Tape: The Reel Deals

Ken Kessler brings you his definitive guide to buying reel-to-reel tapes, new and secondhand

For any format, whether new or revived, it is the availability of pre-recorded music that determines its health. That's why the LP came back like gangbusters, and the otherwise-hugely-impressive Elcaset withered away. When it comes to the growing interest in reel-to-reel tapes, three routes exist for feeding the machines, and each has its adherents, while many users will adopt all three when building up a library.

For me, the sole reason for getting back into open-reel is the acquisition of pre-recorded tapes from the 1950s-1970s. The main providers were American, Japanese and British labels, but the last can be ruled out because, aside from a few stereo tapes, most were mono, now mainly of curiosity value. There are exceptions, however. For instance, fans pay up to £100 for The Beatles' UK tapes, as collectible artefacts.


The Ideal Copy
According to Tim De Paravicini, the Japanese employed real-time copying, and the results are as good as vintage pre-recorded tapes can be. These came from major labels, mainly jazz, classical and easy listening titles. Prices are commensurate with quality and rarity, so £100-£200 for a Miles Davis or Ramsey Lewis title is not unusual.

It was the USA, however, that produced the most, running to many thousands of titles. Although copied at speed, Tim says Ampex (which did the bulk of the duplicating) maintained machines to high standards, and the proof is in the listening. Crucially, the tape stock must have been superlative, as the high survival rate of tapes stretches one's credulity and overturns pre-conceptions. But here's why...


Since open-reel decks were owned by 'grown-ups' partial to classical, jazz, musicals, standards (eg, Sinatra) and easy listening, they took better care of their tapes than did an audience more accustomed to stacking 45s on record changers. Rock is therefore the minority genre, but major performers, including The Beatles, Bob Dylan, Led Zeppelin, Aretha Franklin, many Motown artists and others were represented.


Always A Gamble
Even with used purchases, open-reel is 'a rich man's game' – just like the rest of high-end audio. While some of you have complained to us about the £40 cost of an audiophile LP, consider why open-reel was an elitist pursuit when it was current: one of my tapes has the retail price printed on it, not a stamp from a retailer. It sold for US $12.95 in 1960 when LPs cost a quarter of that amount. In today's money, that's US $112, or £86.68 – and wages have gone up.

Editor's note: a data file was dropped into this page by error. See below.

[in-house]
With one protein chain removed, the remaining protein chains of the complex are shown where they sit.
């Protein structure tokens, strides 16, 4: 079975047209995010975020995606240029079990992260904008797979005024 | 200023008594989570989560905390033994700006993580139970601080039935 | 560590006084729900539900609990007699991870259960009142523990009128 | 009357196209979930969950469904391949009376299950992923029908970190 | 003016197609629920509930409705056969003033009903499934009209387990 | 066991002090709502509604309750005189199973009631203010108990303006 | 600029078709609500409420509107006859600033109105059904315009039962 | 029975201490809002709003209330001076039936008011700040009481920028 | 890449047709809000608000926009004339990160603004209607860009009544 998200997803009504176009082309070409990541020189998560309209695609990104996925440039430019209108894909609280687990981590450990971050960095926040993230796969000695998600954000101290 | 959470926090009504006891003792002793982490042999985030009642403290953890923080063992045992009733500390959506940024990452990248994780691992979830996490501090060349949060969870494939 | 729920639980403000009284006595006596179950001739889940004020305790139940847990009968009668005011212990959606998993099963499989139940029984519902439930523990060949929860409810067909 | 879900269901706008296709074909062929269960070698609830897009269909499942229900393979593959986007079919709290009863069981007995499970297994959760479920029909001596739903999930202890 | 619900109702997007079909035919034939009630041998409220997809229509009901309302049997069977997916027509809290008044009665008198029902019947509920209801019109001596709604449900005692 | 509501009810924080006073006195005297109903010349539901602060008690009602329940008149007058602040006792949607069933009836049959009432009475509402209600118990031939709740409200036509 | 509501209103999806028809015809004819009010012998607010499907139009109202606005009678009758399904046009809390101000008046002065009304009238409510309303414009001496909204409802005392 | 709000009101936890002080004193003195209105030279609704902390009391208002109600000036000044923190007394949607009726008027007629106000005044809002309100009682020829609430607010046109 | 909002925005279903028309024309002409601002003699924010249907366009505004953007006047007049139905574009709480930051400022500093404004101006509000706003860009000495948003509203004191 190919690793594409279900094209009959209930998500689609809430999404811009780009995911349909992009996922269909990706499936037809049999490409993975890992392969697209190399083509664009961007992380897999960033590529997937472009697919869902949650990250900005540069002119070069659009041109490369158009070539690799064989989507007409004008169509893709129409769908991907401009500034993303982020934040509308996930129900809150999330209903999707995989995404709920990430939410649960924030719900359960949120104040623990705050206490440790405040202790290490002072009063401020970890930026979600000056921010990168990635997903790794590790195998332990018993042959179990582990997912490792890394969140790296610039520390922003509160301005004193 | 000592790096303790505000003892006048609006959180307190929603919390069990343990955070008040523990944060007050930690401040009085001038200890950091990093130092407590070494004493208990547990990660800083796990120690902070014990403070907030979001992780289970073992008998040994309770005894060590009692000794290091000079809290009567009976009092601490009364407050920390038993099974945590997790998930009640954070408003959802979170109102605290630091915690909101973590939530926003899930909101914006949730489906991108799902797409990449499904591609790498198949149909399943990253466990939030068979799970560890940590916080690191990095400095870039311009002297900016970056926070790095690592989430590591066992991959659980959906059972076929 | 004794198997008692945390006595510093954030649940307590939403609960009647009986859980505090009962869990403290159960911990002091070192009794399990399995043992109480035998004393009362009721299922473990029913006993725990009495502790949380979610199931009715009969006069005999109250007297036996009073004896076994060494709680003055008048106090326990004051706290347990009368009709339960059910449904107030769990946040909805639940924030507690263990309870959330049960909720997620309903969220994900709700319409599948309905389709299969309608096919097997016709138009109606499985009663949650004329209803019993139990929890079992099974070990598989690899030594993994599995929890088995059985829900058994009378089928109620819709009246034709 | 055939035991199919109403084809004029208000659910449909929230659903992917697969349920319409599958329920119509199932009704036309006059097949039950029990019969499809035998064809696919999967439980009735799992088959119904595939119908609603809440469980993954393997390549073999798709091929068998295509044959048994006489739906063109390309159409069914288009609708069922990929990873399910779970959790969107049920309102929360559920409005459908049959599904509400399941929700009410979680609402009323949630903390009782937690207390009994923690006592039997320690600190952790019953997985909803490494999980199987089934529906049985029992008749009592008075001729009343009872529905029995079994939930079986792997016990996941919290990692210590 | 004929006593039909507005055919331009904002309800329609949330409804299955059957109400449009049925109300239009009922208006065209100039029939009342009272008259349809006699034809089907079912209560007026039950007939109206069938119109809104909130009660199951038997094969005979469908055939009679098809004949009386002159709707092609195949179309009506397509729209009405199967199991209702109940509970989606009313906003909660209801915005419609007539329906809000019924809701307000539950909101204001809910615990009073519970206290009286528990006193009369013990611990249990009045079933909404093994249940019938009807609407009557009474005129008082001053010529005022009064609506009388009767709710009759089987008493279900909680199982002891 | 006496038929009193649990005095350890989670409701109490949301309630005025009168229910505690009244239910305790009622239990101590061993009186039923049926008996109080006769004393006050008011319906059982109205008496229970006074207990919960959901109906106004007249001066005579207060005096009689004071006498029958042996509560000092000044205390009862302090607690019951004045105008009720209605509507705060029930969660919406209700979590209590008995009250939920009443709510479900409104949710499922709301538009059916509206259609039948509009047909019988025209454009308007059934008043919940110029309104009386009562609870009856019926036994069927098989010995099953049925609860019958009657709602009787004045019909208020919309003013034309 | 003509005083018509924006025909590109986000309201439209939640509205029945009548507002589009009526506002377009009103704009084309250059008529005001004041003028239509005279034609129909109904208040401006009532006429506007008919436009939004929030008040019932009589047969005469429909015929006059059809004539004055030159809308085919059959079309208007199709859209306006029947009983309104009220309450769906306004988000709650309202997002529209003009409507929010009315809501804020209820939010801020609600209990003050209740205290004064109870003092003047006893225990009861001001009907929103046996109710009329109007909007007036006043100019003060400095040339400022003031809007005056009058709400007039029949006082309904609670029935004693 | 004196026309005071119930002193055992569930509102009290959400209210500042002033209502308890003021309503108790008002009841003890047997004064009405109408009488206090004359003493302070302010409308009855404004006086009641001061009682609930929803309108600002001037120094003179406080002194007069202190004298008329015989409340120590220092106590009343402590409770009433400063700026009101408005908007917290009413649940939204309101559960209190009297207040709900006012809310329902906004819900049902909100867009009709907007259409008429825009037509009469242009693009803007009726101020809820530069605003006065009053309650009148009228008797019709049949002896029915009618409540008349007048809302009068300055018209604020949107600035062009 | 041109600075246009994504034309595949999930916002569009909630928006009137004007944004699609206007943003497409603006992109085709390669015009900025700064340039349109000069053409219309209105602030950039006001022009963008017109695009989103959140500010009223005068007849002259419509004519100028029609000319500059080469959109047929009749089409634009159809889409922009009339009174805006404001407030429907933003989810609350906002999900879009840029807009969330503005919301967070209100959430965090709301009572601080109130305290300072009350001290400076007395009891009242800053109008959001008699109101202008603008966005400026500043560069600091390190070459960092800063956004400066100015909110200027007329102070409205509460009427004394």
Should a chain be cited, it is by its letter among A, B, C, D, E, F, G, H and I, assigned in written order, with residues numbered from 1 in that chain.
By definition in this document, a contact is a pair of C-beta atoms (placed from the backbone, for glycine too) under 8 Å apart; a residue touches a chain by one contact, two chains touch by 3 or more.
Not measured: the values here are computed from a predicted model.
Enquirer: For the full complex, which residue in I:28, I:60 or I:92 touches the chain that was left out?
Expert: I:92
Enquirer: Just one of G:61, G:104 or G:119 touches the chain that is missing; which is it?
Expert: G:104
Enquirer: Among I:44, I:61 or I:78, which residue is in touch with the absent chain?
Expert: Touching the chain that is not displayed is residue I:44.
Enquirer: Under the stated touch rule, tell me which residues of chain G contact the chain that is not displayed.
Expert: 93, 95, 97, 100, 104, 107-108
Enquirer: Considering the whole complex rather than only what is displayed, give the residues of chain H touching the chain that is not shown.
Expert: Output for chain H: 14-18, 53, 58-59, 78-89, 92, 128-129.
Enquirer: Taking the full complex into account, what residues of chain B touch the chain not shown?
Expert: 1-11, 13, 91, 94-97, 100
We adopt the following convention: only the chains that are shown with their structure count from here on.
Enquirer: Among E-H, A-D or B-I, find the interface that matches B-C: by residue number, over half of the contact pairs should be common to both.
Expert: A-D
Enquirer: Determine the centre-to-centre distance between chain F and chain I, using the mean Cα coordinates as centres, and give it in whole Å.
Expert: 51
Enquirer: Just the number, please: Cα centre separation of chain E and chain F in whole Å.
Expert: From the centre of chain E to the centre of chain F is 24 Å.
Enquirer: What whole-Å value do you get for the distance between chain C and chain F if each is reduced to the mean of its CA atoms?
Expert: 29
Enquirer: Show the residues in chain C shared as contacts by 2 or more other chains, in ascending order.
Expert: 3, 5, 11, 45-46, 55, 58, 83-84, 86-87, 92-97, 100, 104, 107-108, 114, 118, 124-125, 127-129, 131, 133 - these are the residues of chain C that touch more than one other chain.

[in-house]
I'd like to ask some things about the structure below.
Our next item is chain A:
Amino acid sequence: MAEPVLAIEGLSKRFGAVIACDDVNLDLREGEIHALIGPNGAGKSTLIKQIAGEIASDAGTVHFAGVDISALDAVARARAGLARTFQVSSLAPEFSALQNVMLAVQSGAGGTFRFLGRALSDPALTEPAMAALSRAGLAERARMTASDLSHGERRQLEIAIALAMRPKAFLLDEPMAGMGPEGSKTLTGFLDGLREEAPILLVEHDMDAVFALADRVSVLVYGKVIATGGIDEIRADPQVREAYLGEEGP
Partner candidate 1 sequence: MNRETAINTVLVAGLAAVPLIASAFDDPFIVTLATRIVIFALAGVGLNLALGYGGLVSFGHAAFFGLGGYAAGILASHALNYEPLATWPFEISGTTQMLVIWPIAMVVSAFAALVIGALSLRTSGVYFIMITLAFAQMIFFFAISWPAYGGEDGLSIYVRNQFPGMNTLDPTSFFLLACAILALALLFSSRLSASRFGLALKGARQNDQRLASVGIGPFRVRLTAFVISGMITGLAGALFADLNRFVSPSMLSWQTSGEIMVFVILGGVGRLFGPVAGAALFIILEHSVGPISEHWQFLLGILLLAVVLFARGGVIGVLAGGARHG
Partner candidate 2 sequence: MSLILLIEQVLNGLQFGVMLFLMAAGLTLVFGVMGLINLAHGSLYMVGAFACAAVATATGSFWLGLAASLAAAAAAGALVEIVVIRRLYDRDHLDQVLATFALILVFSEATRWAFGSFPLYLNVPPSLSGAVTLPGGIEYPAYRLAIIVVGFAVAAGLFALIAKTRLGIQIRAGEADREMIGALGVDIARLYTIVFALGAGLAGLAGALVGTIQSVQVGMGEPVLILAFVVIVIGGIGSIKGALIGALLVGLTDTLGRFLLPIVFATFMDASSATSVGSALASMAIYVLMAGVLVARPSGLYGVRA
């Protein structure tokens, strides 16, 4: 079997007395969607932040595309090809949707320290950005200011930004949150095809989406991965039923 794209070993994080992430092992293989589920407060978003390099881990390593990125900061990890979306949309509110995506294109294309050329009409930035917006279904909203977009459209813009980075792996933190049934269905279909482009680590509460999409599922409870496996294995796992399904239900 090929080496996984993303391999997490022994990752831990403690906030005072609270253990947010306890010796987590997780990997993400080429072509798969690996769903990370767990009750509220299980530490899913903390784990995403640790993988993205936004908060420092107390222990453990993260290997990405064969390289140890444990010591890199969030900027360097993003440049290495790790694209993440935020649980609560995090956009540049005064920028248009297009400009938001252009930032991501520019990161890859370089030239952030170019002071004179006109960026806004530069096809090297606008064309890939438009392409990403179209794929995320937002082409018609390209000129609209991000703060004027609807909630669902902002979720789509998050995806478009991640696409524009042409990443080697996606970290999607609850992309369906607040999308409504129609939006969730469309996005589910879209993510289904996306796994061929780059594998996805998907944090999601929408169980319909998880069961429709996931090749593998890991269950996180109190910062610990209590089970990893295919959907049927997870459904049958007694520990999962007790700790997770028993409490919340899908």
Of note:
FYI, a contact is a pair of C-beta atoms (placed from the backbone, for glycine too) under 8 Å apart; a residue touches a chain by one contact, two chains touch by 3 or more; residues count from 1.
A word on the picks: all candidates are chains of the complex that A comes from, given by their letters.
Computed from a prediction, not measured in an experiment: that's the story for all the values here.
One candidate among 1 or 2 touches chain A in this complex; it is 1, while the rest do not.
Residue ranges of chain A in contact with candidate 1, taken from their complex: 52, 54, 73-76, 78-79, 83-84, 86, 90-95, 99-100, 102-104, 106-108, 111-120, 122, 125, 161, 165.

Buying old tapes, however, is always a gamble, because – unlike LPs – visual examination will not disclose the general condition, nor if the tapes were stored poorly, for example in damp conditions or near to magnetic fields. As stated above, though, because said tapes were likely to be owned by enthusiasts who took care of them, experience shows that survival is higher than one might expect.


During the past two years, I have acquired over 1100 vintage pre-recorded open-reel tapes, online and scouring secondhand record shops. All are US-made bar one British and one Japanese, and I have now played 600 of them. Only 12 – yes, 12 – were so damaged they had to be discarded. Typical woes are bad spooling, poor splices, visibly worn or tangled tape, and the loss of the first few inches of tape. Still, if you bought 1100 used LPs, how many of them would be less-than-perfect?

Prices of used tapes are all over the place, made more chaotic by increasing demand. Just follow the exponential growth in the number of bidders each time you log on to eBay, which I've been doing for two years. Of course, specific artists are the reason given tapes have high values, and the most expensive on discogs.com and eBay – two good sources – are Pink Floyd, Led Zeppelin and The Beatles.

Lightly Worn
That said, bargains are out there, especially if you have wide-ranging tastes. I bought a batch of 40 tapes with an average cost of US $5.00 per tape (£3.85) which included a copy of the Casino Royale soundtrack. At the other extreme, I paid $75 (£57.80) for a Buffalo Springfield tape. To compound matters, over 90% of the tapes worth buying online come from the USA, so postage can boost the cost by a further 40% to 100%.